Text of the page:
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canoeing, kayaking and other adventures

canoeing and kayaking adventures born in the Southeastern U.S. and now centered in Scotland...

Monday, April 21, 2008

A Taste of the Sea - 19/4/2008

The National Kayak School and Tiso's put on a variety of paddlesports courses during the fairer (and I use the "er" loosely) months. Brian and I signed up for a one day sea kayaking taster. The course was set up as a full day on the water preceded by a lot of blah blah blah the night before. I hope they didn't expect us to remember all (or even most) of it.

One of our instructors was Brian's kayak instructor from the month before, John. He had a co-instructor, Carol, since our group was so big (8 paddlers) and a fleet of boats for us to choose from. Because of the wind, we went to a place just along from Rosyth called Limekilns. It was their best guess for the most shelter from easterly and northeasterly force 4 winds, with occasional gusts to force 5.

We tried the boats on the beach first. Brian liked the cheap one, a Dagger Charleston. I had more expensive taste, preferring the smaller of the two glass Nigel Dennis boats.

We paddled around a bit in the harbour and got a good sense for the wind. Aggressive, even in the sheltered parts. Eventually, we parked the boats on a quickly shrinking island and enjoyed a quick stretch and boat swap. I picked one of the mid range plastic boats. It had a rudder which was fun to play with but made steering not much of a challenge. They gave us skills to try, especially lots of wide turns. I don't remember any of the other students names from the course, but the first to go over was the guy who tried the other glass boat. It had plenty of secondary stability, but that doesn't mean a lot to a beginner. The wind got him sideways and he kept going. Another beginner ended up in the water soon after. Similar sequence of events. Without the wind, the swims would have been much less likely.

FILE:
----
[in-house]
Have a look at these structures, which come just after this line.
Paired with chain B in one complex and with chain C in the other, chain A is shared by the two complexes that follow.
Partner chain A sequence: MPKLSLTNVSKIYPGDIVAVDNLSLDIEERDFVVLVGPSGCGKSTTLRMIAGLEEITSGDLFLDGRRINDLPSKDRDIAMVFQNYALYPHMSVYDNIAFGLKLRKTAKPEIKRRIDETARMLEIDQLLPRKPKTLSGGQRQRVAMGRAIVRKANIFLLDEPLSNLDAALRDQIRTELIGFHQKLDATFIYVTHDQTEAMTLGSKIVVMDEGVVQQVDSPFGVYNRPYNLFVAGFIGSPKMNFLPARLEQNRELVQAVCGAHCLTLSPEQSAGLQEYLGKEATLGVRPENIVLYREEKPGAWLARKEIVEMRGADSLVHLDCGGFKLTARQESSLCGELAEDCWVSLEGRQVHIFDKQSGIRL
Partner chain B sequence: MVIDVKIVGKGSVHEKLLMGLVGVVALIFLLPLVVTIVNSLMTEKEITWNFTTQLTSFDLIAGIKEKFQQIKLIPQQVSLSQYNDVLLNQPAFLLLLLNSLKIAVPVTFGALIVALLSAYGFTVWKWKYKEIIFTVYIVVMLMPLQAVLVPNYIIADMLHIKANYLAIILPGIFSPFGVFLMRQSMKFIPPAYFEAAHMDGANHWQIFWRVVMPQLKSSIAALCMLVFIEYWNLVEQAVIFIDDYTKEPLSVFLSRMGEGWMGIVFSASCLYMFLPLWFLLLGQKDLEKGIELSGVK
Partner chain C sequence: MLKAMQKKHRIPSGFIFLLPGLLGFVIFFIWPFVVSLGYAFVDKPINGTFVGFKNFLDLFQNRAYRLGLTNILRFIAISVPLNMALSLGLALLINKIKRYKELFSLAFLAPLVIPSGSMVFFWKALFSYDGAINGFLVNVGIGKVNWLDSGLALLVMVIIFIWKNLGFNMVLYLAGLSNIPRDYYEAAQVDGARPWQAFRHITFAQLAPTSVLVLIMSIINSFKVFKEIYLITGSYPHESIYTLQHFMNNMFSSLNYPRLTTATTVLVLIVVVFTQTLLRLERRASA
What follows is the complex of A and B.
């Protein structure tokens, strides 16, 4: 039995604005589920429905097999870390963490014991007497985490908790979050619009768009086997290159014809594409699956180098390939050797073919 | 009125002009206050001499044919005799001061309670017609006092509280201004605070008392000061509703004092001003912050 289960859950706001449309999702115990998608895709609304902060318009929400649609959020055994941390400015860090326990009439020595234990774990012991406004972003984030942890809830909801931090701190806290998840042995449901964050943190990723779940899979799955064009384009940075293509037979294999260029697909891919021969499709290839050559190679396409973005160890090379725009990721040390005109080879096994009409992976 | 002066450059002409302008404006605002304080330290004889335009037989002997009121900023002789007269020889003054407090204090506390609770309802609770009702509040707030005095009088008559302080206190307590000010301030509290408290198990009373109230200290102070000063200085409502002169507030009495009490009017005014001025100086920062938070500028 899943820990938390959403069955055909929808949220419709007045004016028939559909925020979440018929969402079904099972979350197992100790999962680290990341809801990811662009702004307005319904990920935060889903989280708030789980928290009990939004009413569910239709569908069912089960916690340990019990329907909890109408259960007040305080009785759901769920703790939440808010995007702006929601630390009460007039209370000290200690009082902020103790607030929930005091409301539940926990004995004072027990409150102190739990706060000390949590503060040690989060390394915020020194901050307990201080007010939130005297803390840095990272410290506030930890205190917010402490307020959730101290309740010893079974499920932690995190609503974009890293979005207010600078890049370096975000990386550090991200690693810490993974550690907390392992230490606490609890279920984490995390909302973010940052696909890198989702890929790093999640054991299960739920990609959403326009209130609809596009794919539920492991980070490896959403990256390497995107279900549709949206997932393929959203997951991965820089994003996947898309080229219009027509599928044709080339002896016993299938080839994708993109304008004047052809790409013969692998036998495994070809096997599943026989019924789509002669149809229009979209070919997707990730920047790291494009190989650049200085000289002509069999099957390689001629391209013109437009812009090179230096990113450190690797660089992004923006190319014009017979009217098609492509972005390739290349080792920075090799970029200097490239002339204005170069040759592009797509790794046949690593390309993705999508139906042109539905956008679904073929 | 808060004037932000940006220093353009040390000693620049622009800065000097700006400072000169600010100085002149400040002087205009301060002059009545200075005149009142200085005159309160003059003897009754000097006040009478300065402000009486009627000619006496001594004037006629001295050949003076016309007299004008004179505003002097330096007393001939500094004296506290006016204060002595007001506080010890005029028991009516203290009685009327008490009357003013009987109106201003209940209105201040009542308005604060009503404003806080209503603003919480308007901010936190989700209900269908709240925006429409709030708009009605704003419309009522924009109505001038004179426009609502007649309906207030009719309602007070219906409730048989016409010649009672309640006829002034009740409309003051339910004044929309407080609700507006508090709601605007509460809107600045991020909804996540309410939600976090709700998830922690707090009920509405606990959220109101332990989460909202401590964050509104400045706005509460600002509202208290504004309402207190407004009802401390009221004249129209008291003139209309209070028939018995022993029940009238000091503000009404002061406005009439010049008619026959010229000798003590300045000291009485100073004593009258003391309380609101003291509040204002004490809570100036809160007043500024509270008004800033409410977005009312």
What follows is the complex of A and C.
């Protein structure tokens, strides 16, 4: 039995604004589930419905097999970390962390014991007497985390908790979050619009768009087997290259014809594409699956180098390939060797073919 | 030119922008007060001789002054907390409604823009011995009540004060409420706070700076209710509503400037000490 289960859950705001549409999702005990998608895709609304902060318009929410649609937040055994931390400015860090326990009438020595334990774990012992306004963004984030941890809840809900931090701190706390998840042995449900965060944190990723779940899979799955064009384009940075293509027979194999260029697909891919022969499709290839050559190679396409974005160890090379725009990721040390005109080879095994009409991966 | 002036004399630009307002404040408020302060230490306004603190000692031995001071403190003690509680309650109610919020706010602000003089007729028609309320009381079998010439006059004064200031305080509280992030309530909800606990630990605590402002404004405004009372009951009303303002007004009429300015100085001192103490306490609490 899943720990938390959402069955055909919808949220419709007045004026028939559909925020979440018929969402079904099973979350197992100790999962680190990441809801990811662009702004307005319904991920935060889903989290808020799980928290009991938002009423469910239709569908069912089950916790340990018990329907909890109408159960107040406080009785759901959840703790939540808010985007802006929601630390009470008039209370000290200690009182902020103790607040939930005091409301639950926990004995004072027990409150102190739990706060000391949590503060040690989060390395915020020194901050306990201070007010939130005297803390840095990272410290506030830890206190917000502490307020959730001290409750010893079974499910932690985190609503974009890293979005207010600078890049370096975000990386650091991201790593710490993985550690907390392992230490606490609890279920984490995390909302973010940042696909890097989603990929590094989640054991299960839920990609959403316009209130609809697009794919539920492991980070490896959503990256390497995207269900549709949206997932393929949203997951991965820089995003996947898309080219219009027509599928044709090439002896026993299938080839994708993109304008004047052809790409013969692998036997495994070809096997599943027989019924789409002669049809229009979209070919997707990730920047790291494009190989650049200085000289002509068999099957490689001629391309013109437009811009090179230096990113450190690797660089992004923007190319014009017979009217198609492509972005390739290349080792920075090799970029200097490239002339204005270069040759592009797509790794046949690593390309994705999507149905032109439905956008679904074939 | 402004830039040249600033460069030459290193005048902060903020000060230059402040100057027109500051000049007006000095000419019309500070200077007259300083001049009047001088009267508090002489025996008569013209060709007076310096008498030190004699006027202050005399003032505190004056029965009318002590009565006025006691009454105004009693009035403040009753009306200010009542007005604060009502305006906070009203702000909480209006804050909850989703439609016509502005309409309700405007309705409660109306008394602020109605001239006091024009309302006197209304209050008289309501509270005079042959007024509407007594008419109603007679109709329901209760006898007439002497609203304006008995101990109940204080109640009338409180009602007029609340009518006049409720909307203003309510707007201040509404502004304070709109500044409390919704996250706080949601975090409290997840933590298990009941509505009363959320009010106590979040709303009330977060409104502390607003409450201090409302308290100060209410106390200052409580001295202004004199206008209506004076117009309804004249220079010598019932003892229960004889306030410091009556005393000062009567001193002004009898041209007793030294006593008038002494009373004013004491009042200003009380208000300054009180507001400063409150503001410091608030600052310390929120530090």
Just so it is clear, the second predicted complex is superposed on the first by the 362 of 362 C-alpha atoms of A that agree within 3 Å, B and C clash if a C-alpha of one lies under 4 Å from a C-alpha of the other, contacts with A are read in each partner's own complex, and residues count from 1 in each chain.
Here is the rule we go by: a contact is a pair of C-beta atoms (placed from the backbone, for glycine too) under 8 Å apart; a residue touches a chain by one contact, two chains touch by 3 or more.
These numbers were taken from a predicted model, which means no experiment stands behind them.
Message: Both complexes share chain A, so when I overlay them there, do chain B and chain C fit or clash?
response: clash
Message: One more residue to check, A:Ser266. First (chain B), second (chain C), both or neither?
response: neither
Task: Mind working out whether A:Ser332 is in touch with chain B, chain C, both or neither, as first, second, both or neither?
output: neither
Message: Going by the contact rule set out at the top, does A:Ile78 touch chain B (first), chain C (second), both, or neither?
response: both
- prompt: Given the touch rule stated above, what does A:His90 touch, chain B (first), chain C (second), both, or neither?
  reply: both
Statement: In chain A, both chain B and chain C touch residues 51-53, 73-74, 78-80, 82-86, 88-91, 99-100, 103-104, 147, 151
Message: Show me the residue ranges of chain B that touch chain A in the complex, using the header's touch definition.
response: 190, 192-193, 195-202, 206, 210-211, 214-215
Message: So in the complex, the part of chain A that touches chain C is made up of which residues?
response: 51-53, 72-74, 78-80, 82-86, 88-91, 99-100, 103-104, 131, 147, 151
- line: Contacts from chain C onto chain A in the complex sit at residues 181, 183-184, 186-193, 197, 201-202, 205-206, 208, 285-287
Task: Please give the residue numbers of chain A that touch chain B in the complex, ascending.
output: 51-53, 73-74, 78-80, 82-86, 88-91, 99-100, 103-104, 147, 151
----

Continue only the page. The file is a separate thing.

Lunch stop was followed by boat swap #3. I tried Brian's favourite boat. It was short, fat and stable. For the reasons he liked it, I didn't. It felt sluggish and barge-like. I appreciated sluggish and barge-like as we tried some wide turns into the open channel. The wind helped finish the turns and surprisingly everyone stayed in their boats.

We tried a few turns like that before we paddled with the wind back to our starting beach. I never really found my comfort zone in the open current. The waves would surf me forward and I got used to that. The little and sometimes not so little pulls back were another matter. Didn't like those, didn't get used to them. Fat and barge-like was much appreciated. The woman who was in my favourite boat ended up in the water and was the only deep water rescue demonstration of the day. Not that any of us were close enough to really see what happened. We landed at the starting beach and they pretty much turned us loose to try whatever boats we liked.

Brian never liked the big version of my favourite boat, and I could see why. It felt tippier than the other one, mostly because it just felt too big. I didn't stay in it very long. I tried the other cheap boat, a Perception something or other, and found that one ok to paddle but extremely uncomfortable to sit in. It felt like it was made for the 6' tall 200lb club.

At the end of the course, the instructors demonstrated rescues on land and we were given the opportunity to try them in the water. The response was uniform: thanks but no thanks. Maybe when summer rolls around. I want a warm rock or a warm beach to crawl onto if it all goes wrong.

So, sea kayaking doesn't feel normal just yet, but after a full day in a proper boat, I'm farther along to enjoying it. More practice should do it.

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